ProgressoR / Uzbekistan Progressive Rock Pages


Holdsworth/ Pasqua/ Haslip/ Wackerman - 2010 - "Blues for Tony"

(90:22 2CD, MoonJune Records)


Prolusion. Dedicated to the memory of drummer Tony Williams (hence its title), “Blues for Tony” is the first effort by the HOLDSWORTH/ PASQUA/ HOSLIP/ WACKERMAN project – at least it comes so officially. To me, however, it sounds like this is more of a Holdsworth and Pasqua outing, which merely has Jimmy Haslip and Chad Wackerman participating in it as musicians, than, say, a 100-percent quartet release. The fact is that only Allan and Alan ever played with the drummer (in the mid-‘70s, as members of Tony Williams’ New Lifetime), besides which nine of the eleven tracks on this album are their brainchildren, no matter that those have been composed in different years as well as – originally – with different purposes.

Disc 1 (52:18)


1.  Blues for Tony 11:05
2.  The Fifth 8:58
3.  It Must Be Jazz 8:38
4.  Fred 10:01
5.  Guitar Intro 3:35
6.  Pud Wud 10:02


Allan Holdsworth – guitar
Alan Pasqua – keyboards
Jimmy Haslip – bass 
Chad Wackerman – drums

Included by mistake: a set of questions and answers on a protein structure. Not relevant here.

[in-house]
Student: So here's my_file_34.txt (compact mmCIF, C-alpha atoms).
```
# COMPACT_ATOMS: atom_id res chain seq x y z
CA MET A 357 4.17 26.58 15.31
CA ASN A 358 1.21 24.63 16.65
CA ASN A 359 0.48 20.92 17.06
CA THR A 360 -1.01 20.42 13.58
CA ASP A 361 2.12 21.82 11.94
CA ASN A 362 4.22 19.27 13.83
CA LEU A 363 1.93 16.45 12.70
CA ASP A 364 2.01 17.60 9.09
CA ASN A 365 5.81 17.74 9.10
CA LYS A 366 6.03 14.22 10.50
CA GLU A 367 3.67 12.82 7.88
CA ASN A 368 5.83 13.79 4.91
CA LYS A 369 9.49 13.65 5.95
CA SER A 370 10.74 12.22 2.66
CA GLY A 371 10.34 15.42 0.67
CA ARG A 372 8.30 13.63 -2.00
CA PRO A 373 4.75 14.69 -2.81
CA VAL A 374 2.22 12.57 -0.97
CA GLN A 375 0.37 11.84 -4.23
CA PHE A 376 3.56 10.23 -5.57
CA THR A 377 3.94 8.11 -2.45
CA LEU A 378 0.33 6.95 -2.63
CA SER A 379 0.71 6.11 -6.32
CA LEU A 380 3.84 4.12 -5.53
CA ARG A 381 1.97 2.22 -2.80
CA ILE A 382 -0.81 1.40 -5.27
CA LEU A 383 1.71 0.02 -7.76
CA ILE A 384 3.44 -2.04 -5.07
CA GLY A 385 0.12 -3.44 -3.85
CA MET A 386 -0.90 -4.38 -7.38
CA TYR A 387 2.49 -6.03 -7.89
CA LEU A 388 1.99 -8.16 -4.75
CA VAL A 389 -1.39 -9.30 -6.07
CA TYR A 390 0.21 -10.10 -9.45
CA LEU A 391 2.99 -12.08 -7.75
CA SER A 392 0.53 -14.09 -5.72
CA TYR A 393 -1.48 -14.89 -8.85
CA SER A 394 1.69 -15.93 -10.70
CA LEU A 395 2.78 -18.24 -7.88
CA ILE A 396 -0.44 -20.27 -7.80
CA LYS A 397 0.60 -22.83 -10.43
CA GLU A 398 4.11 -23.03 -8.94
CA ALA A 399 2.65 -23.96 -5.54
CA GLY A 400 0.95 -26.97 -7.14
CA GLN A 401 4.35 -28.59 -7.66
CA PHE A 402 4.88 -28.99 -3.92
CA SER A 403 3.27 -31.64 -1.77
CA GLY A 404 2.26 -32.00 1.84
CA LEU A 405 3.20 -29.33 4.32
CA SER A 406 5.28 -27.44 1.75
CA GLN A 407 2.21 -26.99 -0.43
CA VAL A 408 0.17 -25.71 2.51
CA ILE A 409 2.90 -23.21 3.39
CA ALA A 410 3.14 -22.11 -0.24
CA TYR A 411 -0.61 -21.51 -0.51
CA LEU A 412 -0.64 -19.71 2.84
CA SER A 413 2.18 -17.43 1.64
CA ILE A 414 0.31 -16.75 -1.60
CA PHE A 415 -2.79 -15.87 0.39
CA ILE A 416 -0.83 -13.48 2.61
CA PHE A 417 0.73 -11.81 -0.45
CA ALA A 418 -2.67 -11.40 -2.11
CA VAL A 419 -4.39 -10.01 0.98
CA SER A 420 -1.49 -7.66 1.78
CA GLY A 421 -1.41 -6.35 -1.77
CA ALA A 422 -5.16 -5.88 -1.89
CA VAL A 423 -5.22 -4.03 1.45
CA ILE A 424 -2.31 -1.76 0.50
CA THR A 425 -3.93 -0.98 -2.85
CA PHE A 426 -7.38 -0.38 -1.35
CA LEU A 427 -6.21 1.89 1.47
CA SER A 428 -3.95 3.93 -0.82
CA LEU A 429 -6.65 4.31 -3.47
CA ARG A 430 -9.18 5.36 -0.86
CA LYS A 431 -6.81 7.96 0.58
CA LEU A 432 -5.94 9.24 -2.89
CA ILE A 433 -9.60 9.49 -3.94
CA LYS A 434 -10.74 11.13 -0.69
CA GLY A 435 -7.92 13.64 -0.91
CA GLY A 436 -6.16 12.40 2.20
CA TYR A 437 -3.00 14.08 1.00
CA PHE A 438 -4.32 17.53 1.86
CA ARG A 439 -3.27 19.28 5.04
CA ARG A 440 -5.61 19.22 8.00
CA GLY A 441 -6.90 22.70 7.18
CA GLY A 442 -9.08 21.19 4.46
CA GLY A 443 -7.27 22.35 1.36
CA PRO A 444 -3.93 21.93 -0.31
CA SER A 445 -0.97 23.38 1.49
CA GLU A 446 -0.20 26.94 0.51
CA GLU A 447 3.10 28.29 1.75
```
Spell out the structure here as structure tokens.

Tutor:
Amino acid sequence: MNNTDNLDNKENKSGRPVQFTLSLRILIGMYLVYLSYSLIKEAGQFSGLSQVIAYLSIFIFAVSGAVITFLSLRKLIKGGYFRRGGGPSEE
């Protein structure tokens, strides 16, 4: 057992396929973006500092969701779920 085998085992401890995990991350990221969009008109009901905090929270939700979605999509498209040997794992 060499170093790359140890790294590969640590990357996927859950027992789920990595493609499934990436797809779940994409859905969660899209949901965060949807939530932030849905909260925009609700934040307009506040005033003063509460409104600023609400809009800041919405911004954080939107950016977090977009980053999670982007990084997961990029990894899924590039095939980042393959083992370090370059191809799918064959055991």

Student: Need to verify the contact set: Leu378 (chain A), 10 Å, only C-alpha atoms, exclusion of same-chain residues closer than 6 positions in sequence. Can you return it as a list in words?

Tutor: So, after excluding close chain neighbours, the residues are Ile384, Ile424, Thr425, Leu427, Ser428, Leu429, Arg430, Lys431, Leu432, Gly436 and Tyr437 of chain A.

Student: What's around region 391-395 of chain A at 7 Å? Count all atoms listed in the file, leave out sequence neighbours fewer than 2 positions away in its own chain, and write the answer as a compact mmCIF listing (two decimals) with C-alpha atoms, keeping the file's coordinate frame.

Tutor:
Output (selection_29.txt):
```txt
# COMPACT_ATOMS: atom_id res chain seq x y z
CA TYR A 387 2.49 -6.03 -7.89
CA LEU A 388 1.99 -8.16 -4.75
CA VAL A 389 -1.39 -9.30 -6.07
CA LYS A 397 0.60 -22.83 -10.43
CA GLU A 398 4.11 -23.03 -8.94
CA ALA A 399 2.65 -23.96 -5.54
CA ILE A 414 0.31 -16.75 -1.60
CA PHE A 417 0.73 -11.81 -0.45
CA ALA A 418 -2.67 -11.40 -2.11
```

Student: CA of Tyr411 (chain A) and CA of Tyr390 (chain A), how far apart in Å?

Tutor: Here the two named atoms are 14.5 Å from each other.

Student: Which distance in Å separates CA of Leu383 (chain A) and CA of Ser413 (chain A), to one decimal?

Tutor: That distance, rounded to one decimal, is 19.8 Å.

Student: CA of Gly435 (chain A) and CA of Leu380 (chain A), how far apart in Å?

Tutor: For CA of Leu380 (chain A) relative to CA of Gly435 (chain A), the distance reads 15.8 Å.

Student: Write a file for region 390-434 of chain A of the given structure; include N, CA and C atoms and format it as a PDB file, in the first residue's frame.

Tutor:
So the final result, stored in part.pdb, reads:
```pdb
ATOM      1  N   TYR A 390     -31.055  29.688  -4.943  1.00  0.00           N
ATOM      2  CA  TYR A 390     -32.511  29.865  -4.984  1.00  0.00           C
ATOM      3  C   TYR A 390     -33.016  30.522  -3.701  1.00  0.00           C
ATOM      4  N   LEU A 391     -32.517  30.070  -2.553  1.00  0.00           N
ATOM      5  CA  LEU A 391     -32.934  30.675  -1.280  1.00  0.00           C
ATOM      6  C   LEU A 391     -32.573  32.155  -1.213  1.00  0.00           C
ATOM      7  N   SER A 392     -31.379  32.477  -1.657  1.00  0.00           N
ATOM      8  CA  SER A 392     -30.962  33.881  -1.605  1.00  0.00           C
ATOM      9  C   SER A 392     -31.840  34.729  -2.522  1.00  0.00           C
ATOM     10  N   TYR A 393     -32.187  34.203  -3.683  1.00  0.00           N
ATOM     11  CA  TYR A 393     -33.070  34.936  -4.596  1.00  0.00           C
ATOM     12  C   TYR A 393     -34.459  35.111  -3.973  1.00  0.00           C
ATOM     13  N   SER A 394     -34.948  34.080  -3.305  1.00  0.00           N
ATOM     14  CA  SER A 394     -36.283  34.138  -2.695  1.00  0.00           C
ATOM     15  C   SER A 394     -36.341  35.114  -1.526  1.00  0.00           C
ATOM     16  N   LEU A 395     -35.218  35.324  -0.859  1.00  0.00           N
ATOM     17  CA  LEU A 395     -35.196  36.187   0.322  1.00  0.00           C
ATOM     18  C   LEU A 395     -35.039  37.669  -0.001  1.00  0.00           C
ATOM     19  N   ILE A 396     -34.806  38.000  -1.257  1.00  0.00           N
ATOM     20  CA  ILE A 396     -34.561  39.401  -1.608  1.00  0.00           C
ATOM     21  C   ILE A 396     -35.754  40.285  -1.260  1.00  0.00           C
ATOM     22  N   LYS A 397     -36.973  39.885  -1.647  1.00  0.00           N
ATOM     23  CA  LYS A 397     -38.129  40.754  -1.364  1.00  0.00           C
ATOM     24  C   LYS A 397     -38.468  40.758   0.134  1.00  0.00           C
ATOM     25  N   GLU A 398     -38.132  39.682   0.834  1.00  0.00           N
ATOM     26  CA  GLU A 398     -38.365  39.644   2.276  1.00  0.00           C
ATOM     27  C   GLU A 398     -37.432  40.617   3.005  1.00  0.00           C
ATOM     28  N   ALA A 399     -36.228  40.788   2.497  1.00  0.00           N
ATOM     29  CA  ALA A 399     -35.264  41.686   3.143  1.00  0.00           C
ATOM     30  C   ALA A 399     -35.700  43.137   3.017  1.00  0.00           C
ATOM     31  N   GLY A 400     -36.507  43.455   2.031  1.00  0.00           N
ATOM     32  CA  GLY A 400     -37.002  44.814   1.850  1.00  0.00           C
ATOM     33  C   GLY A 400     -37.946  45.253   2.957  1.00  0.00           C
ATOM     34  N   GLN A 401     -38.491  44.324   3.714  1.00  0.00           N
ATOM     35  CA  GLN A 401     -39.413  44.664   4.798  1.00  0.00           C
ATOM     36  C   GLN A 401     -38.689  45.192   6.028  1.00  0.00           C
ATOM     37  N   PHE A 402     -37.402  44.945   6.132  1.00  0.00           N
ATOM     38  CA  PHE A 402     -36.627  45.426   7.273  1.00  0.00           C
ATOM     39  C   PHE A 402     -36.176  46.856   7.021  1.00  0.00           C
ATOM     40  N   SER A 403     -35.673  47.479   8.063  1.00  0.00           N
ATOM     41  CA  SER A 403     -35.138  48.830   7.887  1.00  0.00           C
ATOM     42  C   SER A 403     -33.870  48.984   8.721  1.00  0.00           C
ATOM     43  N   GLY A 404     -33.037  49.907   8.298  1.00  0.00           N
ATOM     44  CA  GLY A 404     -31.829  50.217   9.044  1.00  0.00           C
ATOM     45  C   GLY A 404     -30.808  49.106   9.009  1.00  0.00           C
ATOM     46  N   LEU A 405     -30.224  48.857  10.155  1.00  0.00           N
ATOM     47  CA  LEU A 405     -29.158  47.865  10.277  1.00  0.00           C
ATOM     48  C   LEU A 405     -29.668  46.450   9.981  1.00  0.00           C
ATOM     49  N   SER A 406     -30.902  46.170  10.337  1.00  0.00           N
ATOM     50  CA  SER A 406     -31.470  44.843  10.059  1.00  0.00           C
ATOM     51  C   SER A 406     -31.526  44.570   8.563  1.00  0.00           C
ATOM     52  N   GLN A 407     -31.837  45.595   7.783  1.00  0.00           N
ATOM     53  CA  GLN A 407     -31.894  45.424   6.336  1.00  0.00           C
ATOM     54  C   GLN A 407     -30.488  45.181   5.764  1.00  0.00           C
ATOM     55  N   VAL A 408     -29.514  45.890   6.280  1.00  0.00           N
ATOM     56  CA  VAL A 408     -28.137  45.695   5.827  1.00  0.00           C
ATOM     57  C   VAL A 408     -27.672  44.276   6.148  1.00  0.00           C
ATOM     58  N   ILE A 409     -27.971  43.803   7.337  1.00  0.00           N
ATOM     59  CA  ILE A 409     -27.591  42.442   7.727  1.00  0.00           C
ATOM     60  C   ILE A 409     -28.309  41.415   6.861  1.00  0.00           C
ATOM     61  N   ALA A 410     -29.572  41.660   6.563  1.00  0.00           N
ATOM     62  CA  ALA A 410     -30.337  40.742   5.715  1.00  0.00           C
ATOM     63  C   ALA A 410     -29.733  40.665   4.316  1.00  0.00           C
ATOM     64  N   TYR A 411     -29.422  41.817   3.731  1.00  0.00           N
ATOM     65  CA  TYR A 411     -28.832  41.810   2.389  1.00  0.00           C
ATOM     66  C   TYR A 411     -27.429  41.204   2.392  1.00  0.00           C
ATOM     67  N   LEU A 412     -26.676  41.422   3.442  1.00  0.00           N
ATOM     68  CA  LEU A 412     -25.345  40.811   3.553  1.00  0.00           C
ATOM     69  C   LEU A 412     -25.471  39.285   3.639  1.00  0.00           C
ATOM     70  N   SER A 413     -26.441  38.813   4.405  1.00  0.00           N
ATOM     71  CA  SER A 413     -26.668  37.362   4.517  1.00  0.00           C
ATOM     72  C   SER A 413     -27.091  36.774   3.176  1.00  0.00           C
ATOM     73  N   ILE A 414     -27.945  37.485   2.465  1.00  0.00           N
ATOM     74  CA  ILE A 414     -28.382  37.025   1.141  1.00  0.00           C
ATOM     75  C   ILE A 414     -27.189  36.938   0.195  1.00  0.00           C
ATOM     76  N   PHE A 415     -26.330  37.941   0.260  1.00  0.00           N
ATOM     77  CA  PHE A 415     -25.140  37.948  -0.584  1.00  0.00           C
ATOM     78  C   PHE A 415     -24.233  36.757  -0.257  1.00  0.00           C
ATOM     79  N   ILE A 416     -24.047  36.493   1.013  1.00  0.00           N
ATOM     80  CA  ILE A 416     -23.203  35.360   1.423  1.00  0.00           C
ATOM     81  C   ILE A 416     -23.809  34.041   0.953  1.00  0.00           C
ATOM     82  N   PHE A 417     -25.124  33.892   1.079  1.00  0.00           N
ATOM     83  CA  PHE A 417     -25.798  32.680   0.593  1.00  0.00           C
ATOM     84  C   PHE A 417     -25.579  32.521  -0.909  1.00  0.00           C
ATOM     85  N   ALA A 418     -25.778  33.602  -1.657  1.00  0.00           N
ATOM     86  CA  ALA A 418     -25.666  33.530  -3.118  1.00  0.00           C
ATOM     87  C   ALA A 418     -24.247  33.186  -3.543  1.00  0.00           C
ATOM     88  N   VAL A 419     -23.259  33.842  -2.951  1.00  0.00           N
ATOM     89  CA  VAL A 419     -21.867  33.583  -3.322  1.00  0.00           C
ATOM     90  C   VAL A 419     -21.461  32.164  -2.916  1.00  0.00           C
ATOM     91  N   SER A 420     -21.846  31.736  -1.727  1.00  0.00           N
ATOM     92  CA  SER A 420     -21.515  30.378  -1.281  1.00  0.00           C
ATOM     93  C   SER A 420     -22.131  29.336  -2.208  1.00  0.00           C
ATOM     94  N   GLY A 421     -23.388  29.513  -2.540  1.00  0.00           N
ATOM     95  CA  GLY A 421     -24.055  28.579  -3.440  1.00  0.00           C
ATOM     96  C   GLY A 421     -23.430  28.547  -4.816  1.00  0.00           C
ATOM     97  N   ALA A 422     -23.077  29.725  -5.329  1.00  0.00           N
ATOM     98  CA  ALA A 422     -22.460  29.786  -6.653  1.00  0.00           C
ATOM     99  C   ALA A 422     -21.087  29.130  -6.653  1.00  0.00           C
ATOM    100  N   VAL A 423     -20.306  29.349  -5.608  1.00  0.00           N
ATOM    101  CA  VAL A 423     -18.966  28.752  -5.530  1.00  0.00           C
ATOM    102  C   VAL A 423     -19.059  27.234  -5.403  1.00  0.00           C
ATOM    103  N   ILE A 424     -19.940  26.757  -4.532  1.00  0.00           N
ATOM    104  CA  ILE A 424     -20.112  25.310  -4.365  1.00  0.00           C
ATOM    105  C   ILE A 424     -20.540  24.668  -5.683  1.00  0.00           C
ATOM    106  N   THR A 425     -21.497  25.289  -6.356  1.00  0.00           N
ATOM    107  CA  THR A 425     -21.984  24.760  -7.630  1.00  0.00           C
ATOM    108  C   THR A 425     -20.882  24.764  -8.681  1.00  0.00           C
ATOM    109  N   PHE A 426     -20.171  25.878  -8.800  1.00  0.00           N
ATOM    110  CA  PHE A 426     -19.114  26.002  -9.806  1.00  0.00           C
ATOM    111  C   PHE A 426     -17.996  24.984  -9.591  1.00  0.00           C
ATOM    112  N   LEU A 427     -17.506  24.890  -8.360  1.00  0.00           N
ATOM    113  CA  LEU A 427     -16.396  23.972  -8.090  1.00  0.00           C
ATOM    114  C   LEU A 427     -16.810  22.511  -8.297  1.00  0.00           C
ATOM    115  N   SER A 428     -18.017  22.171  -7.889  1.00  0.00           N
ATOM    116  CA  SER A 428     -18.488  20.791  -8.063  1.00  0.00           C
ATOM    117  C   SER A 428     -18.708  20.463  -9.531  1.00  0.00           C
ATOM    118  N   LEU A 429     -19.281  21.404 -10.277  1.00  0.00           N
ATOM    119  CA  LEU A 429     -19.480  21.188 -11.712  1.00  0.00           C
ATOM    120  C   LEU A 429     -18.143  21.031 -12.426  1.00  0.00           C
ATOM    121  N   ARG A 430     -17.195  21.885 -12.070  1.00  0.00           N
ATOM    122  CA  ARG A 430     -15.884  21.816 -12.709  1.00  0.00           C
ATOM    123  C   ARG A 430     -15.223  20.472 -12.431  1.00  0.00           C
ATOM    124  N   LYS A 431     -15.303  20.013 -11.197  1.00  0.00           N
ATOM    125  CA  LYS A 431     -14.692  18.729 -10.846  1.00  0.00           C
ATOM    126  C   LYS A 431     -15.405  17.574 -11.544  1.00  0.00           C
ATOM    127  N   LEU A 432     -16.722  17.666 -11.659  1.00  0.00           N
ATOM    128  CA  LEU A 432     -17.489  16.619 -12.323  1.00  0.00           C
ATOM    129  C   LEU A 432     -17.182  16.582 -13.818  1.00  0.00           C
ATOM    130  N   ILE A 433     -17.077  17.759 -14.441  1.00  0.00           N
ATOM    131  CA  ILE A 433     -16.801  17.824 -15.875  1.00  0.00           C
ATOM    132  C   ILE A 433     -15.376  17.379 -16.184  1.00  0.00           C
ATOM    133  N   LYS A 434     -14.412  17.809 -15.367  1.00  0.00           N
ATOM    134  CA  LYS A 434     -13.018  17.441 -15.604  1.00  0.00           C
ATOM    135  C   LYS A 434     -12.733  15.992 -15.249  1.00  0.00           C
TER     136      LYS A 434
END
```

Analysis. There are six tracks on Disc One, and I’ll begin with Guitar Intro, since this one more than just strongly differs from the others. Only featuring Holdsworth, it’s made up of slow, drawn-out guitar solos, whose richness in overtones brings to mind an idea that Allan deployed a reverberation unit when played them, though I’m also reminded a bit of his (famous, self-made) synth-axe while listening to this as well as some of the other pieces. The rest of the material here falls entirely into the jazz-fusion idiom and has a full-band sound nearly throughout. Nonetheless, I think it should be divided into two categories for the best effect – in terms of description, of course. The longest three compositions, the title track, Fred and Pud Wus (all exceeding 10 minutes in length), consist predominantly of driving up-tempo arrangements and are generally so diverse and intricate that no listener expecting inspiring, genuinely progressive workouts will be left empty-handed, for sure. Each of these abounds in fascinating solos by Holdsworth and Pasqua, both of whom exhibit some of the best performance I’ve heard from them in years. The keyboardist’s leads in particular display a variety and intensity that are quite rarely to be found in Allan Holdsworth’s albums (I’m acquainted with all five of those that feature Pasqua), and are akin to those by Chick Corea in mid-‘70s Return To Forever or ones by Don Airey in Colosseum Mk-II. Drummer Chad Wackerman and bassist Jimmy Haslip both also shine with mastery and inspiration, particularly the latter, who tirelessly weaves his own intricate patterns, those crossing the length and breadth of the leaders’ ones. Yes, this means that there are no unison soloing lines on either of the longer pieces (anywhere on this disc, actually), nor are there any other standard jazz tricks: comprehend? The remaining two tracks, The Fifth and It Must Be Jazz, are also semi-epic in length, but contain noticeably fewer keyboards-driven moves than the previously described three; both are basically slow-paced, having a sort of atmospheric quality to them. Nevertheless, it’s enough to lend an attentive ear to them to quickly realize that they are constantly evolving compositions also. Each refers to Allan Holdsworth’s solo work – only think “Atavachron” rather than “Metal Fatigue” (sorry if you have no idea of the difference between these creations). Most of the first Disc’s contents are amazingly interesting, and the CD comes across as one of the very best jazz-fusion recordings I’ve heard this as well as in the last year.